“My First Battalion”
After a tough selection process, Tanya puts her recruits through the wringer to find out which ones are cut out to serve under her. Soon after, a mission to halt the advance of invading Dakian troops turns into a ‘live fire exercise’ that sees Tanya’s new battalion in action for the first time.
In the first episode in a couple of weeks that didn’t have Tanya being kicked around by Being X’s machinations, she gets to be the one pulling the strings as she’s tasked with selecting and training her own battalion. The annoyed Tanya we’ve seen past episode 1 is the same one that oversees this process, but once the soldiers are selected, viewers will recognize her behavior to much more like it was in the season’s premiere.
Tanya’s goal of identifying which candidates are really cut out for the job borders on the sadistic. While it’s entertaining enough to see the kind of torture she puts this group through, a 36 hour continuous shelling with “real shells mixed in” with training rounds producing zero casualties strains disbelief. And yes, I remember this is a show about a child mage in faux-WWI. In any case, the entire training session is intended to show Tanya’s ruthlessness, evidenced by her maniacal glare. Her surprise over getting a decent fighting force out of them notwithstanding, the entire thing provides little to further her story.
Her deployment against the Dakian forces soon after gets us back toward where the show led us to believe we were going, but it doesn’t provide the sort of challenge viewers might have expected her to face. In her attack against an army that could be analogous to Serbia, Tanya’s mage division takes them on virtually unopposed. Using outdated military tactics reminiscent of many early WWI battles, the Dakian forces clump up in perfect targets for the mage battalion’s magics. Their resistance is so laughable that Tanya even manages to fly on toward their capital to take out an arms factory, surprisingly in a way that doesn’t technically break the rules of engagement.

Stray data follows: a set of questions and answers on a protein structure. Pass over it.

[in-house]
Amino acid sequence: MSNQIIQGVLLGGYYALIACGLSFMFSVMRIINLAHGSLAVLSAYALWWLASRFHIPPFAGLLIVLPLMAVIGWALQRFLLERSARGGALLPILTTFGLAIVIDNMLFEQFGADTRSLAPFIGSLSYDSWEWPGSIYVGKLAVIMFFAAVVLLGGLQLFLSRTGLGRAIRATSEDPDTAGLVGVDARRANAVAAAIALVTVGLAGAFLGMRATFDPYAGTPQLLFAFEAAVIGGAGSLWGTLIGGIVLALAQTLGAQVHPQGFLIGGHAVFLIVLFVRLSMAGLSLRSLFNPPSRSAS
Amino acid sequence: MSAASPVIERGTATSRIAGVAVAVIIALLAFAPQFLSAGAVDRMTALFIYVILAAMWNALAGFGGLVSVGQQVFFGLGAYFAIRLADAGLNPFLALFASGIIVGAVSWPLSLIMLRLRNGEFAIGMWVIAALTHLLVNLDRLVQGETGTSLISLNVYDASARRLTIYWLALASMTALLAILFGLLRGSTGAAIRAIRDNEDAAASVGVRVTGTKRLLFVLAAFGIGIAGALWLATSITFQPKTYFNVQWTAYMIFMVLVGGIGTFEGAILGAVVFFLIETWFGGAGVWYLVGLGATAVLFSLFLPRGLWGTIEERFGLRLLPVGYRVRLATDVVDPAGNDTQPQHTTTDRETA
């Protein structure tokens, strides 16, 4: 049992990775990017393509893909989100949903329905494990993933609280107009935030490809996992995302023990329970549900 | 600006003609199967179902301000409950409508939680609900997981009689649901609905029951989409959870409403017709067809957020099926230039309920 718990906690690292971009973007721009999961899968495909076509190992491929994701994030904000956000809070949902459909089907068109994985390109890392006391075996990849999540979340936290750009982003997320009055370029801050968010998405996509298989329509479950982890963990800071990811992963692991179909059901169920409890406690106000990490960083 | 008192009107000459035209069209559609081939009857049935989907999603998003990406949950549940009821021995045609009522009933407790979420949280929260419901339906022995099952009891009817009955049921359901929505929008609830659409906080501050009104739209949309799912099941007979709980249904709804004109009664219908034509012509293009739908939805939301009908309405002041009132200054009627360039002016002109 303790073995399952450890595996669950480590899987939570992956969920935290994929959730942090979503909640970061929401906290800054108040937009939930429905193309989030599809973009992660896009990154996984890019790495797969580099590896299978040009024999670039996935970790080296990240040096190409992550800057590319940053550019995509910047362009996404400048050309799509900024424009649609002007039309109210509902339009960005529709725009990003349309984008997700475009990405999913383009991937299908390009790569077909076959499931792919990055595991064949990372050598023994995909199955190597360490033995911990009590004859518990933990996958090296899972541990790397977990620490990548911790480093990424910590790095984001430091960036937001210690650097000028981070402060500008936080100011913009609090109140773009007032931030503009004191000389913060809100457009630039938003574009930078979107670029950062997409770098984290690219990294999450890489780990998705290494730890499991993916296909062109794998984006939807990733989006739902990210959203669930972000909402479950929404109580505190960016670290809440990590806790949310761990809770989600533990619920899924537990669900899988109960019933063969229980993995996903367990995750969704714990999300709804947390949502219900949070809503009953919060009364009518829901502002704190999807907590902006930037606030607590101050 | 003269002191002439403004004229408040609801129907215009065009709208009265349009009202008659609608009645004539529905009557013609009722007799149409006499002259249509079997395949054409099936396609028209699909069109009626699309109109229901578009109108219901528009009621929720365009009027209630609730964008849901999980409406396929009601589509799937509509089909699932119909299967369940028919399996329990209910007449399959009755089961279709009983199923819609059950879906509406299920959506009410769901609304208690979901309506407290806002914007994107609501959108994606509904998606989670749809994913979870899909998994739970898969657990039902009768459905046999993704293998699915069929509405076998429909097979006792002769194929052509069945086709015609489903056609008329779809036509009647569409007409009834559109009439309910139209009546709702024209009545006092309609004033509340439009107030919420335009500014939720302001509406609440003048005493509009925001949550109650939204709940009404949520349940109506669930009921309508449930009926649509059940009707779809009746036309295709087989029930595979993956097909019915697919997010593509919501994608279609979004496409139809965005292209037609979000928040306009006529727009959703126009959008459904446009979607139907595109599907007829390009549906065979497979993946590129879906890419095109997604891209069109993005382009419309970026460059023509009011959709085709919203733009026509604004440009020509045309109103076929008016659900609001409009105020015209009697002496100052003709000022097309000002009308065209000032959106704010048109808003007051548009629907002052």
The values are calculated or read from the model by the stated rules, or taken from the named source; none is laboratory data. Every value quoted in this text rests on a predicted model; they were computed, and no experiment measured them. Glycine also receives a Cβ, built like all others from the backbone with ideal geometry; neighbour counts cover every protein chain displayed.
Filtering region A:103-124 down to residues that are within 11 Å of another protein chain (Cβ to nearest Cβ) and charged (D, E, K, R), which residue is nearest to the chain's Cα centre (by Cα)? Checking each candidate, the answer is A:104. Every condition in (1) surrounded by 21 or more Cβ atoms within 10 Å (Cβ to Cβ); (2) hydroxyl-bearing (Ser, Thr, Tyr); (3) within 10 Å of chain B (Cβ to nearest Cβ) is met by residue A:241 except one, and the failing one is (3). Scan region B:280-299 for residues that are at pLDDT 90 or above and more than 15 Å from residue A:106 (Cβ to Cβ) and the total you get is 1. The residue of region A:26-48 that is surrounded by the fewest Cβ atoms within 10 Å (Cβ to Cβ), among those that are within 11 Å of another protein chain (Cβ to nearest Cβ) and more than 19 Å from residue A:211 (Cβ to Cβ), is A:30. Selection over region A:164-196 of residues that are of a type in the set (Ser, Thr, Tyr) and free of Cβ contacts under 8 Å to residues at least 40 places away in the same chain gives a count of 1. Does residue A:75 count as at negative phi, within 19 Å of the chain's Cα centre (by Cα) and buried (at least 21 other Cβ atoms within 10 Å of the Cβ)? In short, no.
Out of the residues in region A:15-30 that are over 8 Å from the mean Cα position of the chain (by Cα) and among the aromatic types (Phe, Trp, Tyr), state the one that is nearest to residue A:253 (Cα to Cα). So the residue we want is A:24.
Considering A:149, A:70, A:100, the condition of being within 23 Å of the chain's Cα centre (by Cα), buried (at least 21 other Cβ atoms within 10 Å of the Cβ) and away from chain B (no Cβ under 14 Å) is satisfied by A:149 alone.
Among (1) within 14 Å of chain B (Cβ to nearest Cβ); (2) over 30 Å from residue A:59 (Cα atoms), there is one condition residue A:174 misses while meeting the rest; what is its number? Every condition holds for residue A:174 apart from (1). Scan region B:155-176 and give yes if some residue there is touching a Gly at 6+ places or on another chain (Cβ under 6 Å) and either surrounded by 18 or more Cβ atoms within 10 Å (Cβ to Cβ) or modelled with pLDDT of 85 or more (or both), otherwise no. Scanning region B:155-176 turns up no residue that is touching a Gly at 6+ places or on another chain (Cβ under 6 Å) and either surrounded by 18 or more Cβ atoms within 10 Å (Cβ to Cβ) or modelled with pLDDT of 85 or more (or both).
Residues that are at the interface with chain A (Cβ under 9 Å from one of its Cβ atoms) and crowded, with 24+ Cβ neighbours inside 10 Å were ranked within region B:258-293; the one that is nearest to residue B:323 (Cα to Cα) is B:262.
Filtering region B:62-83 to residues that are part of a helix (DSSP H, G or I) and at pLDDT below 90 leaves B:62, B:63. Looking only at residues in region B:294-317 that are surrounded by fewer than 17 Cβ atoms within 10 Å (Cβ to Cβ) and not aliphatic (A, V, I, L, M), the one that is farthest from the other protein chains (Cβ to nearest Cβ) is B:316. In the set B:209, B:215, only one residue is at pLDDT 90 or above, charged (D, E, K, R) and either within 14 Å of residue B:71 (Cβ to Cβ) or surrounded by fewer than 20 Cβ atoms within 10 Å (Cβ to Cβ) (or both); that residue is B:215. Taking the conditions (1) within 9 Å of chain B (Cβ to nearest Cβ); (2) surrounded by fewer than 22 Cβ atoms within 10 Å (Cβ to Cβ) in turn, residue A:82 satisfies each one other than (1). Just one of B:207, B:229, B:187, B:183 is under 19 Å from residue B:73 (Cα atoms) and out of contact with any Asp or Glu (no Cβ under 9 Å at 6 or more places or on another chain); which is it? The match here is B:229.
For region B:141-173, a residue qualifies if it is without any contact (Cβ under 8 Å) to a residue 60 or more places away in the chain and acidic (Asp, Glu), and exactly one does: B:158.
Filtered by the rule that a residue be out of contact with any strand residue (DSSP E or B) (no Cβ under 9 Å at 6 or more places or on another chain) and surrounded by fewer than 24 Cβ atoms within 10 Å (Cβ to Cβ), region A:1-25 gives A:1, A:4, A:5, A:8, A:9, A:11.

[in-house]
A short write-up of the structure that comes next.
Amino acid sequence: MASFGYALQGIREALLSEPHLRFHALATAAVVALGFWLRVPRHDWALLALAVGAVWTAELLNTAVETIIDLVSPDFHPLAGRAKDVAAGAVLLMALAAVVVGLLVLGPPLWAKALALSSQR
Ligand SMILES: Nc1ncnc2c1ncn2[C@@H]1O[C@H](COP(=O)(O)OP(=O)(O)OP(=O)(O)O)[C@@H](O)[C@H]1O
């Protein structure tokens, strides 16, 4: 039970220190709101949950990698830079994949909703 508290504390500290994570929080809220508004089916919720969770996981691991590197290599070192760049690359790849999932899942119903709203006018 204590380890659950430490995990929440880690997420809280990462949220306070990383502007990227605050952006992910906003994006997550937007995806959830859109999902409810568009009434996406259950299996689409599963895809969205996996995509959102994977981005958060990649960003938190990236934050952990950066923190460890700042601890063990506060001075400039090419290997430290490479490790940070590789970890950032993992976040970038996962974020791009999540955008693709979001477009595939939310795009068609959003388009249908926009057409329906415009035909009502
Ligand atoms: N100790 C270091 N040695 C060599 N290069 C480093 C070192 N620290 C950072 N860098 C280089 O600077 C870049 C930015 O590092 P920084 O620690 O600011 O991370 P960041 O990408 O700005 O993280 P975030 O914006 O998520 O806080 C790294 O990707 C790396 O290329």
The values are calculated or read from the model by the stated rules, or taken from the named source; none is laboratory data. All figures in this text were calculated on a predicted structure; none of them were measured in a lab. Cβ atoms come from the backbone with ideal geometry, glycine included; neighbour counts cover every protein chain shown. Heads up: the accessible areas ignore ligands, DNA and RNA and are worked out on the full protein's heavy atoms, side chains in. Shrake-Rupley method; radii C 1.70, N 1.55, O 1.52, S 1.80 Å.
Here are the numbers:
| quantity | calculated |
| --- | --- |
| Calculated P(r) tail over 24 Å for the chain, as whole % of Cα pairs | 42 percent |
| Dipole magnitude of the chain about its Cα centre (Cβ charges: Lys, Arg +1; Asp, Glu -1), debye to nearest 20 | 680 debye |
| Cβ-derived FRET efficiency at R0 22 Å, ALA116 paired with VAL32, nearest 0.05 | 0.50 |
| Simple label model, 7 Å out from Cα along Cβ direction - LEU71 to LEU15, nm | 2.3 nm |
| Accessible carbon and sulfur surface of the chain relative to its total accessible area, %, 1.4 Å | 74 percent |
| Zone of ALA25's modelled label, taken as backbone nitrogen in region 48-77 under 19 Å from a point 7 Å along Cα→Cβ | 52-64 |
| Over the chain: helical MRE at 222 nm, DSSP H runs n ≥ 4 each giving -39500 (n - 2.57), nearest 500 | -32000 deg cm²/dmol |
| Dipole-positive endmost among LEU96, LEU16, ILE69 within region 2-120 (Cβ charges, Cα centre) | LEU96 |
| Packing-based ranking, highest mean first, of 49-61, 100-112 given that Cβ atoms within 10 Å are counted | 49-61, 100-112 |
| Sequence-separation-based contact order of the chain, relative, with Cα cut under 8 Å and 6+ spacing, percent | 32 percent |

Aside from an non-begrudging prayer to summon her power prior to destroying the factory, the entire episode illustrates little about the direction of her character or the story. I have every expectation that the combat will pick up from here onward, but without anything to really challenge Tanya she’ll end up invoking prayer simply as a means of power to stomp her enemies as easily as she did this episode.
– Tanya’s combat role is being highlighted again
– Not really sure what the series is trying to do after this week
Thanks to Viktoriya’s efficiency, the action resumed in this week’s episode. Following an impressive amount of applications to join the Mage Battalion, Tanya puts the applicants through a vigorous testing process. This process consumes the first half of the episode and, while entertaining, didn’t add much in way of plot development.
The second part of the episode focused on a meeting between Colonel Rerugen from Strategic Headquarters and Tanya. He informs the pint size major that she and her Aerial Mage Battalion should report to the southeastern garrison at once. Despite the mages still undergoing training, Rerugen informs Tanya that the decision has been made by Strategic HQ that her battalion may be deployed immediately for battle.